The New Kings of Art Rock Are 2 Teenagers From Scotland

Man of Moon

Man of Moon are a Scottish guitar/drum duo still in their teens, and they have just released the best debut single by a British band since “Ceremony” by New Order. “The Road” is revelatory, valedictory and soaring, an infinite surprise that morphs motorik, space rock, and high-end college-pop melancholia, all recorded with a discipline and presence usually absent from young guitar-based bands.

From the evidence available, Man of Moon may not just be the band of the year, but possibly the band of the decade.

That’s the lede. Here’s a little context:

In rock and roll, reinventing the wheel is a very tricky thing. Plenty of artists excel, amaze and influence, but very, very few draw a line in the sand that says, “Here is something done in a way previously unimagined. Everything will be different now.” I’ll single out three groups who did this, who took the magnificently greasy post-Beatles chariot and made a true 160-degree turn into the unknown: the Ramones, the Velvet Underground, and Neu!.

The influence of the Ramones was felt adamantly and virtually immediately; the Velvets’ (slightly more subtle) impact spread out over the next decade, creating a template not only for minimalist art-punk but also for the style of New York-centric anti-hippie cool. But Neu! have yet to assert their influence in a demonstrably visible way. It was clear that one day their radically inventive 4/4 Bo Diddley-in-the-Milky Way sound would become omnipresent in the musical culture, but it was difficult to know if this would happen in 2015, or in 2115.

True, a pile of prominent artists have integrated Neu!’s influence into their work: Low-era Bowie, Wire, Steve Miller, U2 and Arcade Fire have all wiped their screens with the cleansing cloth of Neu’s churning, cinematic hyper-minimalism. But with the possible exception of Stereolab, no group has taken it as the underlying premise for a pop band (though Camera and White Hills have come close, even if Camera were a little too slavish in their imitation, and White Hills mixed it with a healthy dose of Hawkwind-ism).


Man of Moon has found a way to incorporate Neu! and motorik into a compact, resounding, guitar-based post-punk pop, and they do so without losing an eighth of an ounce of melodic cohesion. They also manage to be adamantly artful without being arty. Do you know how tough that is, to be artistic without disappearing into a suppurating manhole of pretension? Man of Moon’s skillful accomplishment of this rare balancing act is rather amazing, and it saves a lot of time for any of us waiting around for Thom York to cover “Highway Star.”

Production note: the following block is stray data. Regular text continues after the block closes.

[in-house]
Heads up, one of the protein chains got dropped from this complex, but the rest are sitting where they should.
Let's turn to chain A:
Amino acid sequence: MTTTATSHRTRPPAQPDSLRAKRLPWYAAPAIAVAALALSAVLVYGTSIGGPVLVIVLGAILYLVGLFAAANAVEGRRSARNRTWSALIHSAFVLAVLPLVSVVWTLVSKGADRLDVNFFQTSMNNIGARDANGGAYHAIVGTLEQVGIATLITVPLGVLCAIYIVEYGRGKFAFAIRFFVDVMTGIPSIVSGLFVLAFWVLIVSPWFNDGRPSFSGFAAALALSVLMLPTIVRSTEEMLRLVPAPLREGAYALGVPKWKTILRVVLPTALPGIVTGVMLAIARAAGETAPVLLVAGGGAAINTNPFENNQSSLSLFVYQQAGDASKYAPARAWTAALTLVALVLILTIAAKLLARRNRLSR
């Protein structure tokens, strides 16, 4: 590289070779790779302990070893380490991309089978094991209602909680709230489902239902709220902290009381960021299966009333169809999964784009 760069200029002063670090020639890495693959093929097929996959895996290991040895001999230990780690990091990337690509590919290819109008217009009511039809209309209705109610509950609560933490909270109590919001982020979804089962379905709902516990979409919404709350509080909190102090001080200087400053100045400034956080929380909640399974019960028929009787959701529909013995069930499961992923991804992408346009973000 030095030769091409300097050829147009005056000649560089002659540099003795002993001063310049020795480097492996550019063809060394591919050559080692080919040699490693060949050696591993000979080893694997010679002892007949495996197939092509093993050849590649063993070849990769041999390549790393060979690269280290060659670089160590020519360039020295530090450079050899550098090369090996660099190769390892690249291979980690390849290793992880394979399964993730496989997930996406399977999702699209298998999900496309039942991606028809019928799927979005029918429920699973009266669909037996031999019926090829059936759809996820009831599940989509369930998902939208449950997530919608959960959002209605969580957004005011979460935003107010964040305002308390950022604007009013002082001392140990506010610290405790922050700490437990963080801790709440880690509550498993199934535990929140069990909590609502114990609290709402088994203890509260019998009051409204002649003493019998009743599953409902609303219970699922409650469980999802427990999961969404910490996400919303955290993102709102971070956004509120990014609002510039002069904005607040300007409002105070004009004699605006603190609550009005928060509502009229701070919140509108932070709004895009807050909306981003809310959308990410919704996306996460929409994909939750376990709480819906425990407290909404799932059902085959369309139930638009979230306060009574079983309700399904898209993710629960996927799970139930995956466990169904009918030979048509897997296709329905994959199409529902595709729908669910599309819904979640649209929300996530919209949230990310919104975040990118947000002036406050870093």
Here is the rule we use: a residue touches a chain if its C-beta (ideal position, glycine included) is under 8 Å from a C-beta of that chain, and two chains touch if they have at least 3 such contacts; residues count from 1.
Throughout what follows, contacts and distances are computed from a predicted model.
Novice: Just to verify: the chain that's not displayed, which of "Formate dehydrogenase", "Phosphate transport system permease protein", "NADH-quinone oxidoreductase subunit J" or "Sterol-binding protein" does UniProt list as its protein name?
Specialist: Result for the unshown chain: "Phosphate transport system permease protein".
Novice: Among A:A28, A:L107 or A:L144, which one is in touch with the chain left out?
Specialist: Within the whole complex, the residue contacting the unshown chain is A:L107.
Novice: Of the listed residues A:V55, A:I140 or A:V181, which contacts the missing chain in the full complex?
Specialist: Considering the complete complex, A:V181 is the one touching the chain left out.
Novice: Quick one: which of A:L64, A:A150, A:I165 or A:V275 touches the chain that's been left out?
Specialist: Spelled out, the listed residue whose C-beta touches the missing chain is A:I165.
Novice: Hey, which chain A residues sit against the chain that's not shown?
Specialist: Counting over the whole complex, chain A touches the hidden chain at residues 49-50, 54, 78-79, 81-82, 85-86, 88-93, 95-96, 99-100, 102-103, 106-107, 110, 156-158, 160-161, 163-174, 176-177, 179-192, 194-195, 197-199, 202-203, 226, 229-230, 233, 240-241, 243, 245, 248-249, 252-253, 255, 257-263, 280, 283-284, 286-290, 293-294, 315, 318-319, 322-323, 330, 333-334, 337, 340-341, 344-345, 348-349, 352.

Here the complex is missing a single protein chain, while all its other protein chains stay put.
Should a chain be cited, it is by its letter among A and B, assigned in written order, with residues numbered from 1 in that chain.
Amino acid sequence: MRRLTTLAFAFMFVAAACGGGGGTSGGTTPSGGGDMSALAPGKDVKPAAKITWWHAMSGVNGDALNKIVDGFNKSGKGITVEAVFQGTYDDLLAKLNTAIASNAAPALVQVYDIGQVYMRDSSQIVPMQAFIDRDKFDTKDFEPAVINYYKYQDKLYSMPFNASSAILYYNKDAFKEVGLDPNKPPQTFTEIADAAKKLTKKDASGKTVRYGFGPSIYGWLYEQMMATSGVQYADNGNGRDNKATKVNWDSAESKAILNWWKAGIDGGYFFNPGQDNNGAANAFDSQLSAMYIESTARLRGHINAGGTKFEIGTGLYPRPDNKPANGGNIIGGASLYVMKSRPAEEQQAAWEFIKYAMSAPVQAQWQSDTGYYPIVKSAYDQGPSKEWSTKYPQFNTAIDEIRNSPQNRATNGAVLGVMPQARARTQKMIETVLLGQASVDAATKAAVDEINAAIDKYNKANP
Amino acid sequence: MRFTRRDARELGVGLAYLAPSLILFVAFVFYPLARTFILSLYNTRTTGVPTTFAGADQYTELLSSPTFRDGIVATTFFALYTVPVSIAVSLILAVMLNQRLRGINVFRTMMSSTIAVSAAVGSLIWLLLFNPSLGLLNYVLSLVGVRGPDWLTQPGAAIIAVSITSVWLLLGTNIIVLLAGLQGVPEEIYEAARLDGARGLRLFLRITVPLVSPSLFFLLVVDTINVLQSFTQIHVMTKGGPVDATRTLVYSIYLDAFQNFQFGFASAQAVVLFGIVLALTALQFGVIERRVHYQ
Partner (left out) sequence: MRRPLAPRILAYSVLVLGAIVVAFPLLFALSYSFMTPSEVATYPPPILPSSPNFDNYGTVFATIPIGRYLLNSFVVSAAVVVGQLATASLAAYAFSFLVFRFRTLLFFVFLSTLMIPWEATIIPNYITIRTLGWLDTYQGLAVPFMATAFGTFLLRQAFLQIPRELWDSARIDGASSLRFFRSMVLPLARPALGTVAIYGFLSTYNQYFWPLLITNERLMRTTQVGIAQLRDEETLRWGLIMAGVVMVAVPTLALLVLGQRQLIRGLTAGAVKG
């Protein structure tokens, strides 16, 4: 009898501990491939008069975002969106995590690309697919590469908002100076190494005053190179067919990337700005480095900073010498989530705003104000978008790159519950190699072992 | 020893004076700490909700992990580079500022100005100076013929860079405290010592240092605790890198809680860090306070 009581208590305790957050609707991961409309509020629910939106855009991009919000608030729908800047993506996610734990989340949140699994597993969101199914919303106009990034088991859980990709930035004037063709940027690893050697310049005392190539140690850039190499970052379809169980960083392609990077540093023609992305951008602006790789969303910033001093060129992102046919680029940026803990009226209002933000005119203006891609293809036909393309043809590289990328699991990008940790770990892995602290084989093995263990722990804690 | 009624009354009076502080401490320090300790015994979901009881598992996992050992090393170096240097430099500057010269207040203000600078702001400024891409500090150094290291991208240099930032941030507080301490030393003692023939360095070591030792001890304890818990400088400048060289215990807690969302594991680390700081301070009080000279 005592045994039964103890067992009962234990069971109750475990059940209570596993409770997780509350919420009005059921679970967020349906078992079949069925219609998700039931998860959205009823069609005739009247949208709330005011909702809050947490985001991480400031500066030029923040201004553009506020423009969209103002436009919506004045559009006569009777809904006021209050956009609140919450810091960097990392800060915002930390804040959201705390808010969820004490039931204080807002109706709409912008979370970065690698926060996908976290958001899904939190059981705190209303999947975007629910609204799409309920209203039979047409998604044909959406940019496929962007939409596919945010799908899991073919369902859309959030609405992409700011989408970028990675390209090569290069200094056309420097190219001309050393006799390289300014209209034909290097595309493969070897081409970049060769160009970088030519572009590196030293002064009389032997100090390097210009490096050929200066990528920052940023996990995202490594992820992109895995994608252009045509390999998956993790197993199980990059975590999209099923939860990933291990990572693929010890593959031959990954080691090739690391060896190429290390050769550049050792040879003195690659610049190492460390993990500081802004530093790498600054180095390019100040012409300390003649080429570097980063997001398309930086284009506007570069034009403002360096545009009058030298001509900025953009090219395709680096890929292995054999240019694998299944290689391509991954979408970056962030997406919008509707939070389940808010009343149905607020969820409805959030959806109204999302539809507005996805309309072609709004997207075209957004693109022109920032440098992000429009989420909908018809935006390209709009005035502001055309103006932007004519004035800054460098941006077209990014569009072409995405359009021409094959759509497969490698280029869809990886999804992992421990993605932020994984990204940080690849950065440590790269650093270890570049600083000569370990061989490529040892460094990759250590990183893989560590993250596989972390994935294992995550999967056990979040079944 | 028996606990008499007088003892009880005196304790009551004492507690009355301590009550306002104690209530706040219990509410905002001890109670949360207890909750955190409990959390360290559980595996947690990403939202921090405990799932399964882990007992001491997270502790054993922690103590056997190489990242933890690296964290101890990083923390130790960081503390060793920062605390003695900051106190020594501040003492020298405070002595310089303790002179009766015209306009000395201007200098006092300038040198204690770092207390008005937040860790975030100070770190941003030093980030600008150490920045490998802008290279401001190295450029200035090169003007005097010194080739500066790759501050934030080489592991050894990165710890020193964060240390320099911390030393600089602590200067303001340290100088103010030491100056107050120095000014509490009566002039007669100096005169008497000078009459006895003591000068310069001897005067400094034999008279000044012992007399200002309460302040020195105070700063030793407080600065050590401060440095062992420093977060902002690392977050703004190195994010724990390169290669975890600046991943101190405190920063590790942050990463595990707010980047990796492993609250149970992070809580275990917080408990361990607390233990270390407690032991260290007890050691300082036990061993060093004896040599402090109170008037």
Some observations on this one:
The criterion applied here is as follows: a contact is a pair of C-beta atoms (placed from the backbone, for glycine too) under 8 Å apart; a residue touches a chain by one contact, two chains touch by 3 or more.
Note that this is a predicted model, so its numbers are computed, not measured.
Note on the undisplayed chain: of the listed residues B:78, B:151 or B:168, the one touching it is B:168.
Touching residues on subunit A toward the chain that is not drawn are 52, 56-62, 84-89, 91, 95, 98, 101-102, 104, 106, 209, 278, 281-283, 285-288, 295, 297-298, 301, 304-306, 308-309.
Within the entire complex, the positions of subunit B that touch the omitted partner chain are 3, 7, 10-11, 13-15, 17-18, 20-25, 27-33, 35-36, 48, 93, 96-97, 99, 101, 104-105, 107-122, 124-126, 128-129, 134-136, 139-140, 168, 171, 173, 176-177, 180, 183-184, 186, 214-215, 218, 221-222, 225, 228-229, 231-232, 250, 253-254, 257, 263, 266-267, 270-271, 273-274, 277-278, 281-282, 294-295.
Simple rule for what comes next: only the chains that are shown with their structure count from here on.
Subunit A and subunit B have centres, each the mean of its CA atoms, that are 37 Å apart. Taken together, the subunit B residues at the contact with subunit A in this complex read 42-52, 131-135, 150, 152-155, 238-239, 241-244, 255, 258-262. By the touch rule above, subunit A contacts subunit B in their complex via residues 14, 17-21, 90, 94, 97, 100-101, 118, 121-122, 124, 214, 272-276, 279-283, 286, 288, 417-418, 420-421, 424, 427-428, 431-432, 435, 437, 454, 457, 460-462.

Simultaneously deeply atmospheric and fully rocking, Man of Moon play graceful, tick-tock-pulse rock that carries the shadows of both “Astronomy Domine” and “Arnold Layne” (not to mention a persistent whisper of “Radar Love,” if “Radar Love” had been recorded by Durutti Column). Yes, it’s just one freaking single, but judging both from the B-side and live material extensively available on the Internet, Man of Moon appear to be the real thing. In terms of trans-interpretation—which is to say, taking somewhat artistically obscure influences and turning them into condensed, cohesive pop—it reminds me of U2’s translation of PiL’s spikey and angular first-album sound into stadium rock, and we all know how that turned out.

Man of Moon just released the best debut single by a British band since ‘Ceremony’ by New Order.

Now, this all raises another question: Why isn’t the States producing anything this urgent yet innovative, this wildly creative yet precisely executed?

The obvious answer is that unlike the Bushwick brigades, Man of Moon doesn’t have the useless Pabst-fueled dark angel of Lo-Fi lurking over their shoulder. Man of Moon are crisp and tight, and expertly employ clean recording, tasteful effects and well-considered studio touches to serve their vision. Also, there’s something about the melting pot of Brooklyn art rock that compels well-meaning bands to frantically display all the right influences, yet still make sure everyone notices the trucker hats … and god forbid someone thinks you are trying too hard. Man of Moon are trying hard—they’re trying to get it right, to make sure every note and effect they use, and every aspect of their performance (live and in studio) serves a taut yet expansive vision. If they keep this up they will be another Radiohead, and perhaps even another Pink Floyd.

It’s may seem like it’s too early to wax so goddamn rhapsodic about such a new band, but it’s hard not to get excited when presented with such a resonant, thrilling, ticking, clicking and chiming Floyd-meets-Factory-meets-Conny Plank timebomb of a debut. Certainly, Man of Moon could fall off the rails (like, say, Black Rebel Motorcycle Club did; BRMC emerged with some transformative live performances, and then very rapidly disappeared into a lo-fi mudhole that turned their Jesus and Mary Chain-meets-Hawkwind sound into a self-indulgent and barely articulated murk). Here is hoping Man of Moon stay on track; often bands that trade in discipline and delicacy end up going a bit off the rails when they hit the road and listen to a little too much Sabbath in the van.

But from the evidence available, Man of Moon may not just be the band of the year, but possibly the band of the decade. Which is quite damn good, because I’m utterly sick of people pretending Radiohead make listenable records, and it’s time for a new Art Rock King.

11828802_832315770197314_3487538814913790775_n The New Kings of Art Rock Are 2 Teenagers From Scotland